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Healy, W. (1949). Case Studies in the Psychopathology of Crime. A Reference Source for Research in Criminal Material. Volumes III and IV: By Ben Karpman, M.D. Washington, D. C.: Medical Science Press, 1948. 834 and 875 pp.. Psychoanal Q., 18:250-253.
(1949). Psychoanalytic Quarterly, 18:250-253
Case Studies in the Psychopathology of Crime. A Reference Source for Research in Criminal Material. Volumes III and IV: By Ben Karpman, M.D. Washington, D. C.: Medical Science Press, 1948. 834 and 875 pp.
Review by: William Healy
Very likely it is because the reviewer is retired and hence supposed to have time to read them that he is asked to review these two immense volumes. With double columns on oversized pages they equal in word content at least eight ordinary books. While it is no small task to go through them, what a prodigious labor it must have been to assemble this material over the years, working under the restrictions that Dr. Karpman describes. Each volume is devoted to four cases, all men presumably guilty of or convicted for murder, and as insane—though later proved not to be chronically psychotic—committed to St. Elizabeth's.
These last two series of case studies, dated four years after the appearance of the second volume, are each introduced by a new, lengthy preface, well worth perusal, where Karpman tells of the difficulties—which we can well appreciate—he encountered in obtaining the life stories of these men. He had to work in the seclusion of the prisoner's cell, listening and often able to make notes only afterward. There was no possibility of recording their outpourings verbatim and very little material is published in its original version. Evidently in some instances of the better educated, they did a great deal of writing in response to questions or topics proposed, but even then what was produced had to be edited and organized. It is not clear in what cases this writing, and how much of it, was undertaken by the patients themselves.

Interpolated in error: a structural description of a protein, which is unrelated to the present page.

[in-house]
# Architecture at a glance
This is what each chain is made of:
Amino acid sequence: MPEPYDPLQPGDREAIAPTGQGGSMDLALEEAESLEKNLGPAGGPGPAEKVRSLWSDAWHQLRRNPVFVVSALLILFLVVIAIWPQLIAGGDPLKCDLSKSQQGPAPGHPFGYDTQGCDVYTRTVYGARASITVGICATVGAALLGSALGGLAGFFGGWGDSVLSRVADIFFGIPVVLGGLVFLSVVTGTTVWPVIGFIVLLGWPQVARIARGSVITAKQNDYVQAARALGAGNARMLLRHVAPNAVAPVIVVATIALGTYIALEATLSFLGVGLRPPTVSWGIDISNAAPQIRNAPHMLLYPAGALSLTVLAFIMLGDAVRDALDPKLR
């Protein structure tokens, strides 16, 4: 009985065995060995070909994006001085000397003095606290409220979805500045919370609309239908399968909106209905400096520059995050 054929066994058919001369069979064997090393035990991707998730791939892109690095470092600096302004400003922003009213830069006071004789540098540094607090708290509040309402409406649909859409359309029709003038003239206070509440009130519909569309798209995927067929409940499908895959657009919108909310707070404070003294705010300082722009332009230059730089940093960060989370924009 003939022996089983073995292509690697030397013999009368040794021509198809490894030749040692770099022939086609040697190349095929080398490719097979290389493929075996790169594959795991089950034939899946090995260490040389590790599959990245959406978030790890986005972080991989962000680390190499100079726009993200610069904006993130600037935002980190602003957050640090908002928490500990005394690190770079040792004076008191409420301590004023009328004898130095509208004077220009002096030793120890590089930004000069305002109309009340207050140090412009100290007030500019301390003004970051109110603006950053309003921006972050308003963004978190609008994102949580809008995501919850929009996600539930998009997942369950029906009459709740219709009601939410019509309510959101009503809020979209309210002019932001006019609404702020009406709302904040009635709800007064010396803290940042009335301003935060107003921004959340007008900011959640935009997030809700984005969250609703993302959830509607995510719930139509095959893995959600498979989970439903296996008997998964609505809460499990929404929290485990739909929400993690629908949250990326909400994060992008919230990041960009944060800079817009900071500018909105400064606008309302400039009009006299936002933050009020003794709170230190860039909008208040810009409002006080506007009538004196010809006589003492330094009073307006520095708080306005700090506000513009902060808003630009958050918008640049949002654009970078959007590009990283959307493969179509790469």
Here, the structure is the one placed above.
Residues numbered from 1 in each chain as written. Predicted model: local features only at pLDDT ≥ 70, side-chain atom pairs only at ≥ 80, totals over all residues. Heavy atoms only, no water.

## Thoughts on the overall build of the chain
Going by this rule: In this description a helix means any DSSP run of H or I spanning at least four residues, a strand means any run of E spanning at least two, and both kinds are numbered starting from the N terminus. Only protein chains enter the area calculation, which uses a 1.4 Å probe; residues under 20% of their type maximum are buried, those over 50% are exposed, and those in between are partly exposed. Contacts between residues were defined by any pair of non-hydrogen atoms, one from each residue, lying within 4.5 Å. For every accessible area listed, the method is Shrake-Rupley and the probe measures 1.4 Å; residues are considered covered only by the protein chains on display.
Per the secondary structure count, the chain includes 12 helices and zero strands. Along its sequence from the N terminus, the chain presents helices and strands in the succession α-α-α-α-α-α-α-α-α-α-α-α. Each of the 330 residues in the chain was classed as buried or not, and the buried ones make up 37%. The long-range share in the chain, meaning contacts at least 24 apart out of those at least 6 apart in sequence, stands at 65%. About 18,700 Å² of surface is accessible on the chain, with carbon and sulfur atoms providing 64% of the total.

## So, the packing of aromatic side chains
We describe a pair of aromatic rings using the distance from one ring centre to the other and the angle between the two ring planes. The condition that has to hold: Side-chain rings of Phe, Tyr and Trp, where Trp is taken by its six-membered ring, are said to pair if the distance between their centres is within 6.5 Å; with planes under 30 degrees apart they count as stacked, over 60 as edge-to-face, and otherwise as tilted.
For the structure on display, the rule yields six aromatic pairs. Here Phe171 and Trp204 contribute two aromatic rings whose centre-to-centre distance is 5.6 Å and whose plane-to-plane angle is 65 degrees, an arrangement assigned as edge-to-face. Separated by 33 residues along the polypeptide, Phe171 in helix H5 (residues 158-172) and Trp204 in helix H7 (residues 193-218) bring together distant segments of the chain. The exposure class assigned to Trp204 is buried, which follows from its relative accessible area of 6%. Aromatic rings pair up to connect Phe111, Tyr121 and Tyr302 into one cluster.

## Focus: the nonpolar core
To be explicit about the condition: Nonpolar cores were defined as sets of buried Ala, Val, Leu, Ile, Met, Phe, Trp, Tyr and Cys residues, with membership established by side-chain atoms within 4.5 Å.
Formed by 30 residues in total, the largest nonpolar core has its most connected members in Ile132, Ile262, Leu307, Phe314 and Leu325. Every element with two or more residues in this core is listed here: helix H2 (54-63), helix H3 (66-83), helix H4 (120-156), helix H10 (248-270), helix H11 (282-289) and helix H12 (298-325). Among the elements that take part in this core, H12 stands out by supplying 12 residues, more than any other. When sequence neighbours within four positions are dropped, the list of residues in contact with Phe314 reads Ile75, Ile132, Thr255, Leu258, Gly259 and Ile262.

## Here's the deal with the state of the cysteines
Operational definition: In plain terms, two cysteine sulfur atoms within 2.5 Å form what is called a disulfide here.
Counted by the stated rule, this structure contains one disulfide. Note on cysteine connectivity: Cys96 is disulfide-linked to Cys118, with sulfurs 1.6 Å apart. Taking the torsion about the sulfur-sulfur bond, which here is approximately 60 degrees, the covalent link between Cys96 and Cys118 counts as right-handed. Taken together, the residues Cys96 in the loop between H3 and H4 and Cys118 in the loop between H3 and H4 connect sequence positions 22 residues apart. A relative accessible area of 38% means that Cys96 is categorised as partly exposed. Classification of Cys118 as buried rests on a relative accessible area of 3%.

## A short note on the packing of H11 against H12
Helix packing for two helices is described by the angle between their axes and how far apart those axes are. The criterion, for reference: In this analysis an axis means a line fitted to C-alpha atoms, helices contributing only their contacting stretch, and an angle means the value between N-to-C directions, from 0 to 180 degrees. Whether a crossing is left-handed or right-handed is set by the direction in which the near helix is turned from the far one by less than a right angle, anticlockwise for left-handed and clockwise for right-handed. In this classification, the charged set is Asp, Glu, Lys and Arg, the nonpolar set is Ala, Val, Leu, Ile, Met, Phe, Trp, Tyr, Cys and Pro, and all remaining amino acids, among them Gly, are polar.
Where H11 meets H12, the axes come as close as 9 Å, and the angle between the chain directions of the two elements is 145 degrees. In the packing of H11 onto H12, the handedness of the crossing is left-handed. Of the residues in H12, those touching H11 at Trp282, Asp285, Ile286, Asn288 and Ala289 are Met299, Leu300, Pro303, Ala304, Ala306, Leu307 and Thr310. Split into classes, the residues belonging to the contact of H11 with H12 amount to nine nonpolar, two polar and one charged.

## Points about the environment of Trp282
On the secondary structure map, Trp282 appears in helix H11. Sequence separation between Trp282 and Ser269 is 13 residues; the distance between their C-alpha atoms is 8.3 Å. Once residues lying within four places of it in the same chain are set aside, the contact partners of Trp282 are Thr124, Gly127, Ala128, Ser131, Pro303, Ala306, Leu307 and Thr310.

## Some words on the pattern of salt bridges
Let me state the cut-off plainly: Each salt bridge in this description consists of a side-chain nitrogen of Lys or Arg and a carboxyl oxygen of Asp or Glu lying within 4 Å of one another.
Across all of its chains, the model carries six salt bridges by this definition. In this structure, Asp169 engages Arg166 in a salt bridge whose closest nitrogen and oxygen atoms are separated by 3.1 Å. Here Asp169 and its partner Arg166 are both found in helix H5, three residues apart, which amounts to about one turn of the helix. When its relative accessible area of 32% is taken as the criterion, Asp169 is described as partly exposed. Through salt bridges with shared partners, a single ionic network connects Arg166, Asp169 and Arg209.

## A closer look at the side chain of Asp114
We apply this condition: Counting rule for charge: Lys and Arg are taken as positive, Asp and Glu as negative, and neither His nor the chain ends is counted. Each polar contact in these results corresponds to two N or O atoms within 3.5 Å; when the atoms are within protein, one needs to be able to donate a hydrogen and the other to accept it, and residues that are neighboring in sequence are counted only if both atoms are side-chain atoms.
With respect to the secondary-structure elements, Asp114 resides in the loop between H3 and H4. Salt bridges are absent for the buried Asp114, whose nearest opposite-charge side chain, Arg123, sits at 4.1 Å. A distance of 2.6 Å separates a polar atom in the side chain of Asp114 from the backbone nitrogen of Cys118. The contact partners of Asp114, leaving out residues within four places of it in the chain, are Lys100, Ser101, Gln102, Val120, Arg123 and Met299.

Psychiatric interpretations as given for therapeutic purposes in these cell interviews are entirely omitted from the text. Karpman purposely refrains from any interpretations. There is one notable exception: in the record of the Negro poet, Caesar, Karpman cogently expounds his reasons for considering this a classical case of paranoia developed as a prison psychosis. The central idea of these documents is to present 'raw material' for elucidations of the psychogenics of criminality. Since his aim is clear and he knows full well the genetic import of influences in early life, Karpman candidly deplores the fact that in some instances nothing whatever is known of the family and childhood. In other cases, for various reasons particularly related to the mental disturbances
1Cf. This QUARTERLY, XV, 1946, pp. 512–522.
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